Develop comprehensive anti-trafficking law: US to India
For the second consecutive year, an official US report yesterday has placed India on Tier 2 list of countries, whose governments do not fully comply with the minimum standards of the Trafficking Victims Protection Act`s (TVPA), but are making significant efforts to bring themselves into compliance with those standards. The report was released by the Secretary of State, Hillary Clinton.
India, the report said, is a source, destination, and transit country for men, women, and children subjected to forced labour and sex trafficking. The forced labour of millions of its citizens constitutes India`s largest trafficking problem.
Men, women, and children in debt bondage are forced to work in industries such as brick kilns, rice mills, agriculture, and embroidery factories, the report said.
A common characteristic of bonded labour is the use of physical and sexual violence as coercive tools. Ninety per cent of trafficking in India is internal, and those from India`s most disadvantaged social strata, including the lowest castes, are most vulnerable, it said.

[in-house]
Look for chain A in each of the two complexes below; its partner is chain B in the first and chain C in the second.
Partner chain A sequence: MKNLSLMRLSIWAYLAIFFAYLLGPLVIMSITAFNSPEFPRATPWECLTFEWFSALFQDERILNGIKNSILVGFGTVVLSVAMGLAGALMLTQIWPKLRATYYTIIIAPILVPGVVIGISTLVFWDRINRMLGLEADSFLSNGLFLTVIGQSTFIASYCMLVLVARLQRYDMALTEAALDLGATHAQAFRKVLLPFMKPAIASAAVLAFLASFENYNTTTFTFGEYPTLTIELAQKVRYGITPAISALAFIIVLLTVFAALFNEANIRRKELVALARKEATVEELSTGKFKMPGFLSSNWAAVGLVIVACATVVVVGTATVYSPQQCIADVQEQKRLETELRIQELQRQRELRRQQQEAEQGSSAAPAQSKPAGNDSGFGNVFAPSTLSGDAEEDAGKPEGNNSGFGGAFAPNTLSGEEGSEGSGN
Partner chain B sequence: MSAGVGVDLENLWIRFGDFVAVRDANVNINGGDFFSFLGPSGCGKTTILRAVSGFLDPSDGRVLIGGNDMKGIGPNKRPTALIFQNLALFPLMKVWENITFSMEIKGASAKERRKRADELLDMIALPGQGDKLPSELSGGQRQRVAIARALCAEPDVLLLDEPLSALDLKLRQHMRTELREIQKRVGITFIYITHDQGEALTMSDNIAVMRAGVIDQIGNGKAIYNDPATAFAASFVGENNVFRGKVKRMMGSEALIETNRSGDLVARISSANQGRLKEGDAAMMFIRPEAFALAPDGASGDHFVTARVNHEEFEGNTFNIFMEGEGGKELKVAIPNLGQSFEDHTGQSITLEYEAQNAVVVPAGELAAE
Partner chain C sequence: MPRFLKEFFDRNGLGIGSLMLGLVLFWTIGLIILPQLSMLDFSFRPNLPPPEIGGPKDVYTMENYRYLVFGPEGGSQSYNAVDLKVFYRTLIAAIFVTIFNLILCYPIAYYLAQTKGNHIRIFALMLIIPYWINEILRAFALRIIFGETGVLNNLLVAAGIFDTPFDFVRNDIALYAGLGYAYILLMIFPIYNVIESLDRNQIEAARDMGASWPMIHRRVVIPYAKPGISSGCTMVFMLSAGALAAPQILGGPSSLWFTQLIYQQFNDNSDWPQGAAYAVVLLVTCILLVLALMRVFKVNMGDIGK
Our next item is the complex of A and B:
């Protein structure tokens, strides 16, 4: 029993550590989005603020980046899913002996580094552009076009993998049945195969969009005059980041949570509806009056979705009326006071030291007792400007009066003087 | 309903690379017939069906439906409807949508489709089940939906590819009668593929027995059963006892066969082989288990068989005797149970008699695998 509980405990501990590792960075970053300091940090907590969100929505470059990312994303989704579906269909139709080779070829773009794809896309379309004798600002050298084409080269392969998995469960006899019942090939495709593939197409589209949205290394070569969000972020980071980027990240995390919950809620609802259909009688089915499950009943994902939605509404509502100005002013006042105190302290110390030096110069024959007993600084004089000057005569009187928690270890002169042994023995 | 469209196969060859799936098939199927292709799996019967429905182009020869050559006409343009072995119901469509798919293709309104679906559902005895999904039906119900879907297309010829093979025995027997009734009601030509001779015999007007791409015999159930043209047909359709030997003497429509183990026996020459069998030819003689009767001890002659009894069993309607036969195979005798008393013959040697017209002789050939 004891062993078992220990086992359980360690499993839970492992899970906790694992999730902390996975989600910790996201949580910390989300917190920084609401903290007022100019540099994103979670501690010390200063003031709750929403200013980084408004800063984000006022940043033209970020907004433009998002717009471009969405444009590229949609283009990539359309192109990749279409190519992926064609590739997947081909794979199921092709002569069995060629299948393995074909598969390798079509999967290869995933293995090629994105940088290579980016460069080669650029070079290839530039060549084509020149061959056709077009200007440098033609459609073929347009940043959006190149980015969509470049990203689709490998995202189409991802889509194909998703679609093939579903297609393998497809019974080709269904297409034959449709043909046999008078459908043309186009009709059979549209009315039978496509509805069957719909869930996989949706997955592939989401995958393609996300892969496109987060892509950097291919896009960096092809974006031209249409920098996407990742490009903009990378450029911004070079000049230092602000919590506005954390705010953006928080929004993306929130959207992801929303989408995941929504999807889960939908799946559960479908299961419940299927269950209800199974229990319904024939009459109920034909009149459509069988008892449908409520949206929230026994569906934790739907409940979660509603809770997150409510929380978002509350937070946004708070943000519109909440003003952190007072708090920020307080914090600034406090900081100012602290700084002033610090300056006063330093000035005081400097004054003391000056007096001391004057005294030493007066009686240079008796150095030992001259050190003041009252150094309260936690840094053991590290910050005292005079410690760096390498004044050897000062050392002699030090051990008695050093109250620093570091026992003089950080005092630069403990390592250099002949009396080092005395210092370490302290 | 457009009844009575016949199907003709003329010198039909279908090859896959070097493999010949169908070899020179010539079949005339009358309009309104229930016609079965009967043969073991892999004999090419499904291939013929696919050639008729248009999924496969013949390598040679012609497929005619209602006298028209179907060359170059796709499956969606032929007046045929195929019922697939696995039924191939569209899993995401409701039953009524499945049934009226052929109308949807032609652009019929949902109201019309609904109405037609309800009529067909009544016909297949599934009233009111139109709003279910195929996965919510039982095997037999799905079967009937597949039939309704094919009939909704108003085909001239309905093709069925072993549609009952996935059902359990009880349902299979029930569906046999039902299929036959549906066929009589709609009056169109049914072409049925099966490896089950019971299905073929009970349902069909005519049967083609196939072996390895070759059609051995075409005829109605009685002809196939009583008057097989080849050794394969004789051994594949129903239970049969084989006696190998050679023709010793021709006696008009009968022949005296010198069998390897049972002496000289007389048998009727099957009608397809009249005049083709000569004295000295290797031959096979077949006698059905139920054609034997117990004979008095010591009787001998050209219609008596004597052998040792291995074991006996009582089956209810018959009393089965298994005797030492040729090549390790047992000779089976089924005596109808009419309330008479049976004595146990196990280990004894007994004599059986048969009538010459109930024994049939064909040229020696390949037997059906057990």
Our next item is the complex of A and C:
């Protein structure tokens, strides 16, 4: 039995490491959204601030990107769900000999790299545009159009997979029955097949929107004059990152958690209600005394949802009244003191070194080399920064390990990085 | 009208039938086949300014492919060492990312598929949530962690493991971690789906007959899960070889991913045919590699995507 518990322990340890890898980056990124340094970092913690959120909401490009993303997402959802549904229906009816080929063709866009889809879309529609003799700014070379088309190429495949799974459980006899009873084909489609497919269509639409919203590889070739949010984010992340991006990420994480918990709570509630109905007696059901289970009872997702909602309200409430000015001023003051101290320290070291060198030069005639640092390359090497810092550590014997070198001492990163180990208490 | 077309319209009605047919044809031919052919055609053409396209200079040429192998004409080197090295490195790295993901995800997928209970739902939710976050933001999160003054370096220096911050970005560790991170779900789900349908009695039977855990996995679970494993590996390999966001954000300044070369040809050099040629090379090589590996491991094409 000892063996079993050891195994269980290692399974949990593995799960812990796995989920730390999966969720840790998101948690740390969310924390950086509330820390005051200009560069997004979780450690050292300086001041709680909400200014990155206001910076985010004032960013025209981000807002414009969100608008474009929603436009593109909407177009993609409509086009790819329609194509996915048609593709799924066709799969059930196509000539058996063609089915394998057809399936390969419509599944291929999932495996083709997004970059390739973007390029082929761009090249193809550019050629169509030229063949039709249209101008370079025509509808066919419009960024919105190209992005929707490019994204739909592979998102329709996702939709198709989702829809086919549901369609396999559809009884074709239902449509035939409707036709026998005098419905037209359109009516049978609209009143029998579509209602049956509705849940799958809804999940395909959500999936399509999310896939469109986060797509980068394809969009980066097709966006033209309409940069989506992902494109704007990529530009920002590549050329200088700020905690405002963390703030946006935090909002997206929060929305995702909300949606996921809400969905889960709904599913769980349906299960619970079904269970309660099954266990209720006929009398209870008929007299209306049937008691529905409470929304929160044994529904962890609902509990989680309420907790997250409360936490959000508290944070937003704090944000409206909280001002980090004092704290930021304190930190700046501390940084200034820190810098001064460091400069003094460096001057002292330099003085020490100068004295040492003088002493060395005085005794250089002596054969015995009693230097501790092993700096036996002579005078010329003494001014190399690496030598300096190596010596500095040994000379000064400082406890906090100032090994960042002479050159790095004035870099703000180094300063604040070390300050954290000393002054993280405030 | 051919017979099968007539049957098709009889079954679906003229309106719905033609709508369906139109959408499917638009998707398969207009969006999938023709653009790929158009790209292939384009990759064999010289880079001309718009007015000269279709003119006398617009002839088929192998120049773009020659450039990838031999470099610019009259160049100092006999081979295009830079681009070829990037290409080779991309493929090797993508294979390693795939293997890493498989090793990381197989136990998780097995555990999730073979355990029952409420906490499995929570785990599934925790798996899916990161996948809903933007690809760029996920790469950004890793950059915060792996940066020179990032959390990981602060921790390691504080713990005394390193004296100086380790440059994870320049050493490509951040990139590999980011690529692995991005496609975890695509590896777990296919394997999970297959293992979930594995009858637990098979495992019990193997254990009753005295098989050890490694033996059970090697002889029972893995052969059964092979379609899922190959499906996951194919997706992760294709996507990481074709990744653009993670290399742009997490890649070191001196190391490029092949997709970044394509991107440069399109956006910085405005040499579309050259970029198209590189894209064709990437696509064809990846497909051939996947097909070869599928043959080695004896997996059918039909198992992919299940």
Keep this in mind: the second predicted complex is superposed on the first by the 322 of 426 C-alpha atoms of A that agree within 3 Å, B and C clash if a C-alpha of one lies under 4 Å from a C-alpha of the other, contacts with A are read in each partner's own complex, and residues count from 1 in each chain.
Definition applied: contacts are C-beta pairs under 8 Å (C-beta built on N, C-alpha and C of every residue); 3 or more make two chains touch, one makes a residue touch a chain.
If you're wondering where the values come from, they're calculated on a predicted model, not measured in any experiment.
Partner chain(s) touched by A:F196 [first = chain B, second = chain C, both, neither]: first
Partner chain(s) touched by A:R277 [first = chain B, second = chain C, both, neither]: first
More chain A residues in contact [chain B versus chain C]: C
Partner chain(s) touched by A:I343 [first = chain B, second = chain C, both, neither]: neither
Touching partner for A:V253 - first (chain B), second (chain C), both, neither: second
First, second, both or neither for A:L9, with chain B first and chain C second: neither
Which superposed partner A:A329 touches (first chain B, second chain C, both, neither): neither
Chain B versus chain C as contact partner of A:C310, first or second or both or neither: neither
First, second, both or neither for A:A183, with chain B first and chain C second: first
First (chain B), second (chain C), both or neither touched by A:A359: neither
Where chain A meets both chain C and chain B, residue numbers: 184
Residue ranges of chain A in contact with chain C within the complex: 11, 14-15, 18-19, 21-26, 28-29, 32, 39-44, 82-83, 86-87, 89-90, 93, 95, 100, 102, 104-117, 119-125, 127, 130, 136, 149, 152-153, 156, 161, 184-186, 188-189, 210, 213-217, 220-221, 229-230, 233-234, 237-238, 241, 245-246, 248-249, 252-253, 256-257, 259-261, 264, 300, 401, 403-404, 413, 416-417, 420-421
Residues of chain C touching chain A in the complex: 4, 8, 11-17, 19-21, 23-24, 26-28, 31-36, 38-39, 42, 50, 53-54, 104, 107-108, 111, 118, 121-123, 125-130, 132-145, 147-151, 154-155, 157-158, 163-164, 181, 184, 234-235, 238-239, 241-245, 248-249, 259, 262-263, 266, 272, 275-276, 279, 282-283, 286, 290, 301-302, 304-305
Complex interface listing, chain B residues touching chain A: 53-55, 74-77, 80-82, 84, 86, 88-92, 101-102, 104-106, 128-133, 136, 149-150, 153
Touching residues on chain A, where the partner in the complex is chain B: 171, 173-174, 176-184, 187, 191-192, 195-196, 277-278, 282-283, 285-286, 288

"There were new reports about the continued forced labour of children in hybrid cottonseed plots in Gujarat, and reports that forced labour may be present in the Sumangali scheme in Tamil Nadu, in which employers pay young women a lump sum to be used for a dowry at the end of a three-year term," the report said.
An increasing number of job placement agencies lure adults and children for forced labour or sex trafficking under false promises of employment. Indian boys from Bihar were increasingly subjected to forced labour in embroidery factories in Nepal, it added.
Noting that women and girls are trafficked within the country for the purposes of forced prostitution, the report says religious pilgrimage centers and cities popular for tourism continue to be vulnerable to child sex tourism.
The report also mentions a US court`s default judgment of USD 1.5 million in favour of an Indian domestic worker who sued a former Indian consular officer who had employed her while assigned to duty in the United States; no appeal was filed.
"The domestic worker accused the Indian diplomat of forcing her to work without adequate compensation for three years and subjecting her to physical and mental abuse," it said.
The State Department recommended India to develop a comprehensive anti-trafficking law or amend anti-trafficking legislation to be in line with the 2000 UN TIP Protocol, with adequate penalties prescribed by the UN Transnational Organized Crime Convention; and increase prosecutions and convictions on all forms of trafficking, including bonded labor.